'One stop' mobile clinics providing communities access to justice
Displaced due to conflict, 18-year old Manickarajah Sulochana, of Vavuniya in the Northern Province of Sri Lanka, migrated to India in 1990, just after getting married. She had three children in India, but when she returned to Sri Lanka in 2010, she didn’t have documentation for her children.
“It was challenging for my children at this time because they didn’t have a Sri Lankan birth certificate or citizenship documents,” Sulochana said.
- Since 2008 an estimated 300,000 people in the Northern and Eastern Provinces of Sri Lanka have benefited from legal documentation mobile clinics supported by UNDP.
- An assessment conducted across 13 districts covered 42,000 households (152,976 people) to identify the extent of citizens having basic legal documents.
- 15,724 individuals benefited from the legal documentation mobile clinics in 2014.
Without these documents, it was difficult enrolling them in school. She also feared for her children’s safety, as not having a valid National Identity Card (NIC) to ensure your identity could lead to unnecessary questioning or harassment by the military or police.
For an individual to fully belong to and be recognized in society they must have the most basic legal documentation to which they are entitled by law: the Birth Certificate and National Identity Card. Without the latter, for example, an individual is not permitted to exercise their right to vote, open a bank account, or register to obtain any other services.
Lack of proper legal documentation also prevents the integration of people into society and a sense of belonging. This in turn contributes to significant tensions within society, with those who are unable to gain access to basic national and legal services feeling as though they are treated unequally in society.
Due to various circumstances - a lack of awareness, mistrust in Government systems, or loss of documents due to conflict and/or natural disaster - there remains a number of Sri Lankans unable to access the simplest of services because they lack basic legal documents. Since 2005, UNDP in Sri Lanka has provided legal documentation support in the conflict and disaster-affected provinces of North and East Sri Lanka through the Equal Access to Justice Project.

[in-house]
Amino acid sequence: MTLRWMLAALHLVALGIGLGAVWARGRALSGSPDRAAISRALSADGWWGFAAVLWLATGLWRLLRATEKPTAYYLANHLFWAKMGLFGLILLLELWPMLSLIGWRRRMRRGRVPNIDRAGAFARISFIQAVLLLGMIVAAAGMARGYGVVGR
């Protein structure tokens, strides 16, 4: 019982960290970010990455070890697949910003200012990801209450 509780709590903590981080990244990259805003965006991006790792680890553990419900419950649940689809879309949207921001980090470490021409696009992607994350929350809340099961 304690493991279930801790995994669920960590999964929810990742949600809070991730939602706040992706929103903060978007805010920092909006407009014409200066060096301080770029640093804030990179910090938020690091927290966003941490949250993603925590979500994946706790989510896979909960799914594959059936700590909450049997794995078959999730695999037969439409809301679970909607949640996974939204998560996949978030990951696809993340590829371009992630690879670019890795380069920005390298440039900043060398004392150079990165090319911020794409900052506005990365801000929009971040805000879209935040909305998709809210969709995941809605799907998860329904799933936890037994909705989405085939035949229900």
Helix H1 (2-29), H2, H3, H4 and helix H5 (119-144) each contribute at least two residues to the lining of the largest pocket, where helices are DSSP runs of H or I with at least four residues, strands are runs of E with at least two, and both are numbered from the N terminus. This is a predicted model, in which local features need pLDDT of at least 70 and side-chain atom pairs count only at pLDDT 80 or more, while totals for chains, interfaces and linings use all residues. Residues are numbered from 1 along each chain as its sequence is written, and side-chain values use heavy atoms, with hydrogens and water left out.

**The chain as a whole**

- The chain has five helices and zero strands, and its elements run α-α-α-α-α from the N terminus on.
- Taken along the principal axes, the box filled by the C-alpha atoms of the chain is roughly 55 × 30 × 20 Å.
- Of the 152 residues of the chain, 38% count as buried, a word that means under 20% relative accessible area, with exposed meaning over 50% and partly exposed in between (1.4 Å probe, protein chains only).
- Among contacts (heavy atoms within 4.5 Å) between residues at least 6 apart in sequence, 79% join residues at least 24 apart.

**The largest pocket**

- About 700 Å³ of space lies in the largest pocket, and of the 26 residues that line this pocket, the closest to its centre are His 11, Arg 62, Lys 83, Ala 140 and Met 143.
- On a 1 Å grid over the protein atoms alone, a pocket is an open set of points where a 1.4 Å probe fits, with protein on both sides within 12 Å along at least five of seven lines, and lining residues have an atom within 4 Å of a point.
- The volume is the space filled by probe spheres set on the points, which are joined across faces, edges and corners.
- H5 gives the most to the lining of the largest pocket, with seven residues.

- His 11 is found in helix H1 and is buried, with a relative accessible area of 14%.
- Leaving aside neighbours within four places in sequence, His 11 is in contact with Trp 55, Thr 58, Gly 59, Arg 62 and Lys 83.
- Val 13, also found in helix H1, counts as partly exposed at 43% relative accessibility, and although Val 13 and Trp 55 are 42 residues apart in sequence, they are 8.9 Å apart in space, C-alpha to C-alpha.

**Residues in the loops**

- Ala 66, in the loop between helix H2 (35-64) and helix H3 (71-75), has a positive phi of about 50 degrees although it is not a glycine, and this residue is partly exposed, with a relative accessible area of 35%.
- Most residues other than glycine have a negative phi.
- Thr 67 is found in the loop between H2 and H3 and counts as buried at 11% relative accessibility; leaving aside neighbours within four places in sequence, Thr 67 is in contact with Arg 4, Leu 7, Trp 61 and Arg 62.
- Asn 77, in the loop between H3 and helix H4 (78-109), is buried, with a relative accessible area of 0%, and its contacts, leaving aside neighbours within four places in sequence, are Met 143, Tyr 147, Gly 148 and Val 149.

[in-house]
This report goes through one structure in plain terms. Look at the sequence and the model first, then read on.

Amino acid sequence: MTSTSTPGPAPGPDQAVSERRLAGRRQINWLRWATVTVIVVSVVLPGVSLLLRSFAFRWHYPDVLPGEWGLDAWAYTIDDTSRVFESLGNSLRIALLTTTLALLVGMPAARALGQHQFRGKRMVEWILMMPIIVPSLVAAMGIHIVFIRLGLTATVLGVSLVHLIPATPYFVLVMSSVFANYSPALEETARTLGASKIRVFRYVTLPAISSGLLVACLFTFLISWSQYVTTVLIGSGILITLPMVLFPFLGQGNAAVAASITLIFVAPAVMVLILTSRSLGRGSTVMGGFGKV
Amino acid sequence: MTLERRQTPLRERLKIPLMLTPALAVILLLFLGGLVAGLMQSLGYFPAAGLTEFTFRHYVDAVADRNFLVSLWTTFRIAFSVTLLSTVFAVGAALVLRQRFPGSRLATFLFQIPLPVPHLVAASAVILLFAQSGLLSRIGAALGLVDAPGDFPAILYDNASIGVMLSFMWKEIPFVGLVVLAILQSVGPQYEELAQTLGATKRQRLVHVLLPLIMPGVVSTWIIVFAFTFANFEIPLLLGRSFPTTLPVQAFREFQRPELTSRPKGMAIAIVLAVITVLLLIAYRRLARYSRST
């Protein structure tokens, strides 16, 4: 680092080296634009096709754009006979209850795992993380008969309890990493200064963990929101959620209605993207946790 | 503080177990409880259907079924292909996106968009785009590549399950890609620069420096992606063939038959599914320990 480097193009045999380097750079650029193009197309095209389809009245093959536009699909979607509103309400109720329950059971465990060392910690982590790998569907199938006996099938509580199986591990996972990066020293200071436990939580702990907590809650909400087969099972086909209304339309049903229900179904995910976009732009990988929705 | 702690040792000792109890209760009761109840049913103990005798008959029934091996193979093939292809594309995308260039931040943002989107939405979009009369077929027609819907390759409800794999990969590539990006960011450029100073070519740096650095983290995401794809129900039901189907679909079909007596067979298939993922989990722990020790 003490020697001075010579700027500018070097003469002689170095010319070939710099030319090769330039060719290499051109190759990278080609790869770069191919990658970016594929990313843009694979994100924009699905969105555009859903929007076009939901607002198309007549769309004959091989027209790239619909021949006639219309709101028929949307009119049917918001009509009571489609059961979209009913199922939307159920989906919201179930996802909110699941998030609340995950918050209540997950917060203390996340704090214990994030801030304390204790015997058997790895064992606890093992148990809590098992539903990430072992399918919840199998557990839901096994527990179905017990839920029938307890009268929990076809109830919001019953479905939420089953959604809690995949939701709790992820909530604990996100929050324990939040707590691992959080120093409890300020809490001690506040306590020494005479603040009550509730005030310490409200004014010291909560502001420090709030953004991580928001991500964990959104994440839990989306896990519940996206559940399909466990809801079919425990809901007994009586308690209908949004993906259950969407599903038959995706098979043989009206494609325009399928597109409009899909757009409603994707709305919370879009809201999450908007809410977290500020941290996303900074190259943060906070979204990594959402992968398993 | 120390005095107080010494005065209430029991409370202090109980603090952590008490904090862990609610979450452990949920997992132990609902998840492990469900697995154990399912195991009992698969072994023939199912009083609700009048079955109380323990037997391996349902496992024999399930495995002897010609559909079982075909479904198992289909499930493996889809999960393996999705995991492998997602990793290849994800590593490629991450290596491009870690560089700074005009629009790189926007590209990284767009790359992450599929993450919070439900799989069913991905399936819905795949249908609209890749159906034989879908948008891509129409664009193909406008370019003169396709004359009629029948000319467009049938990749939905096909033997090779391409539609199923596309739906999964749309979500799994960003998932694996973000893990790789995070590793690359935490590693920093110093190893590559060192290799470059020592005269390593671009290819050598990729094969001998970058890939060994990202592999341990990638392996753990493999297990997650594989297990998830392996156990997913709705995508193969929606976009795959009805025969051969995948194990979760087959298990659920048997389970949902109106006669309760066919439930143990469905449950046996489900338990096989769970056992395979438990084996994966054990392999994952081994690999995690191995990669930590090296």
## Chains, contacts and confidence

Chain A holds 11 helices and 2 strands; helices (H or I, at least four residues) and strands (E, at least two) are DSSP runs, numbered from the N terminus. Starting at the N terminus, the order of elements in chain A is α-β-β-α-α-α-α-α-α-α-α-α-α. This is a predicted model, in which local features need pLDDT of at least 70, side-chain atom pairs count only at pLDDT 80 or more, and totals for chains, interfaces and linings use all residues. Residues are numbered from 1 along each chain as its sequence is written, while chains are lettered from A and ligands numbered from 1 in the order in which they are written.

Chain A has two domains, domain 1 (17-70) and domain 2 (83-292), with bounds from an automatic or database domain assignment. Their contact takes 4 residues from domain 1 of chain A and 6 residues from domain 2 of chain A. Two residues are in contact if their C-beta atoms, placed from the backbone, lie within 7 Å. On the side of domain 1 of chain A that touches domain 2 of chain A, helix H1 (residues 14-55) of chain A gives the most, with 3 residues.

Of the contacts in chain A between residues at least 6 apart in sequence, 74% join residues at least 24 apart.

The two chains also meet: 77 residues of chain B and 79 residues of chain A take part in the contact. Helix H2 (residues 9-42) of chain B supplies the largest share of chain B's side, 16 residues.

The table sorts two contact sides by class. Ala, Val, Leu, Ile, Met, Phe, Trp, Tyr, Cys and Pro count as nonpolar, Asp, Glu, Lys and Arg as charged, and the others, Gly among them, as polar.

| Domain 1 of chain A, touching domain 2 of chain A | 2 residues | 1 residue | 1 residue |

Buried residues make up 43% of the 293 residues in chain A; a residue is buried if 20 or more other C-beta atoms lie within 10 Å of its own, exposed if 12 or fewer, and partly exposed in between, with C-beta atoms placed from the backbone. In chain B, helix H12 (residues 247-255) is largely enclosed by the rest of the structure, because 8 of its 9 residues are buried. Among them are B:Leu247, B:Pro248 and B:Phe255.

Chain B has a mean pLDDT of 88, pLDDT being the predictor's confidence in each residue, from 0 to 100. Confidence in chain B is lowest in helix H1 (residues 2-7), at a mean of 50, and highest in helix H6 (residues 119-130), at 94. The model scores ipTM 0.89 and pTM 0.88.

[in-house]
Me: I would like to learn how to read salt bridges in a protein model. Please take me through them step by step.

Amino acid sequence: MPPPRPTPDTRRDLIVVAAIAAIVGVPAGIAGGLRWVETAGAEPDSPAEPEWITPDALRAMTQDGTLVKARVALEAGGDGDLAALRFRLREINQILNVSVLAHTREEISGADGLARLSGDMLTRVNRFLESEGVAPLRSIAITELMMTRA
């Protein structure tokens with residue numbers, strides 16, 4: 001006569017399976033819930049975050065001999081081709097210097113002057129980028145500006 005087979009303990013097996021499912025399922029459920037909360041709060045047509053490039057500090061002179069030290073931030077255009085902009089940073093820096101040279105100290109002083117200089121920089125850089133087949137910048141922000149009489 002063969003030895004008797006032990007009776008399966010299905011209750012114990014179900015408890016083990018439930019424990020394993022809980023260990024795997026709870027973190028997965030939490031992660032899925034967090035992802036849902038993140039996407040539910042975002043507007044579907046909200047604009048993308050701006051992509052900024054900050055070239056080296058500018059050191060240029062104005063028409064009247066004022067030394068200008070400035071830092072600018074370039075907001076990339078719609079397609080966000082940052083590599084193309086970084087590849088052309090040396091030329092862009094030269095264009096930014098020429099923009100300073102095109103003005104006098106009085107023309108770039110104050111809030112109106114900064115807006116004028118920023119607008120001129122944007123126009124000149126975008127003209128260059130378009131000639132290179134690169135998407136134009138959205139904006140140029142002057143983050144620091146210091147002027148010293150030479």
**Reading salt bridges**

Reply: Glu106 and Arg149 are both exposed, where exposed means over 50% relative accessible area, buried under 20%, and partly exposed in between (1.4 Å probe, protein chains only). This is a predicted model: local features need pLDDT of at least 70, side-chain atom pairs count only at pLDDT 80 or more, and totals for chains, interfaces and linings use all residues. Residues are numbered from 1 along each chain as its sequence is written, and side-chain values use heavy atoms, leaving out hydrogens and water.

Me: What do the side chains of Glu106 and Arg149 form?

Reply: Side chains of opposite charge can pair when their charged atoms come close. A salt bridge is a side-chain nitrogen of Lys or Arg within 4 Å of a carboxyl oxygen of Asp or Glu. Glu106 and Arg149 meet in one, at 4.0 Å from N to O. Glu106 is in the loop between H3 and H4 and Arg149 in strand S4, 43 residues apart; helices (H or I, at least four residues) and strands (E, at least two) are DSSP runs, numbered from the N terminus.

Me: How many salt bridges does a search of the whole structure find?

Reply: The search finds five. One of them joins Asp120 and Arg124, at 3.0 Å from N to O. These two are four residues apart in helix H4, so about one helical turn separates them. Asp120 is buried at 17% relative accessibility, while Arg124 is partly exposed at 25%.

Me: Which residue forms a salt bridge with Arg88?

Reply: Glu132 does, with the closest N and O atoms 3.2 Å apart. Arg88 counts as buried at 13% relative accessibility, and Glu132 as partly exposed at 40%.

To address immediate needs in the aftermath of the 2004 Tsunami and during and after the conflict in 2008, ‘one stop’ mobile clinics were established to provide legal documentation at the Divisional Secretariat level. The service brings together a number of government departments and institutions to directly engage with the people and support the process of issuing the required documentation and legal guidance.
Through a UNDP mobile clinic, Sulochana was able to obtain birth and citizenship certificates for her children, which enabled them to go to school and receive government benefits. Years later, one son has left for the Middle East, after having obtained a passport with the necessary documents, and Sulochana is happy that all three, now aged 19, 21, and 23, are pursuing their dreams.
In 2012, the Sri Lankan government developed the National Policy Framework on Social Integration, which recognizes the lack of access to legal aid and legal documentation as a key factor preventing access to justice and leading to further exclusion of people who are already marginalized in society. With the support of UNDP, the Government then undertook an assessment across 13 districts to identify the extent of citizens who still lacked basic legal documents, covering 42,000 households comprising 152,976 people.
The assessment highlighted the districts of Ratnapura, Badulla and Nuwara-Eliya as the geographical areas of concern, areas of Estates comprised of people affected by low levels of income and education. This population faces challenges in accessing services due to language barriers and the vast distances that have to be travelled. As a result, these people were prevented from participating fully in the post-independence development process that took place in the country, which resulted in them lagging in terms of various indicators of economic and social development.
In direct response to these findings and as part of the UNDP supported Strengthening Law Enforcement, Access to Justice and Social Integration (SELAJSI) Programme initiated in late 2013, the on-going mobile clinics were extended to Ratnapura, Nuwara Eliya and Badulla districts.
Overall, 15,724 individuals benefited from the mobile clinics conducted in 2014. These beneficiaries were provided with legal documents and legal services such as birth certificates, death certificates, marriage certificates, Elder and National Identity Cards, support for registration of new lands, legal aid support, and support to record the loss of NICs and lodge other reports with the police.
The mobile clinics also provided an invaluable opportunity for government officials to move as close to the people as possible in their locality, enabling direct engagement with the people and building better trust between government and citizens.
The mobile clinics planned for January -June 2015 aim to provide 5,000 more people ‘one stop’ services at the Divisional Secretariat level.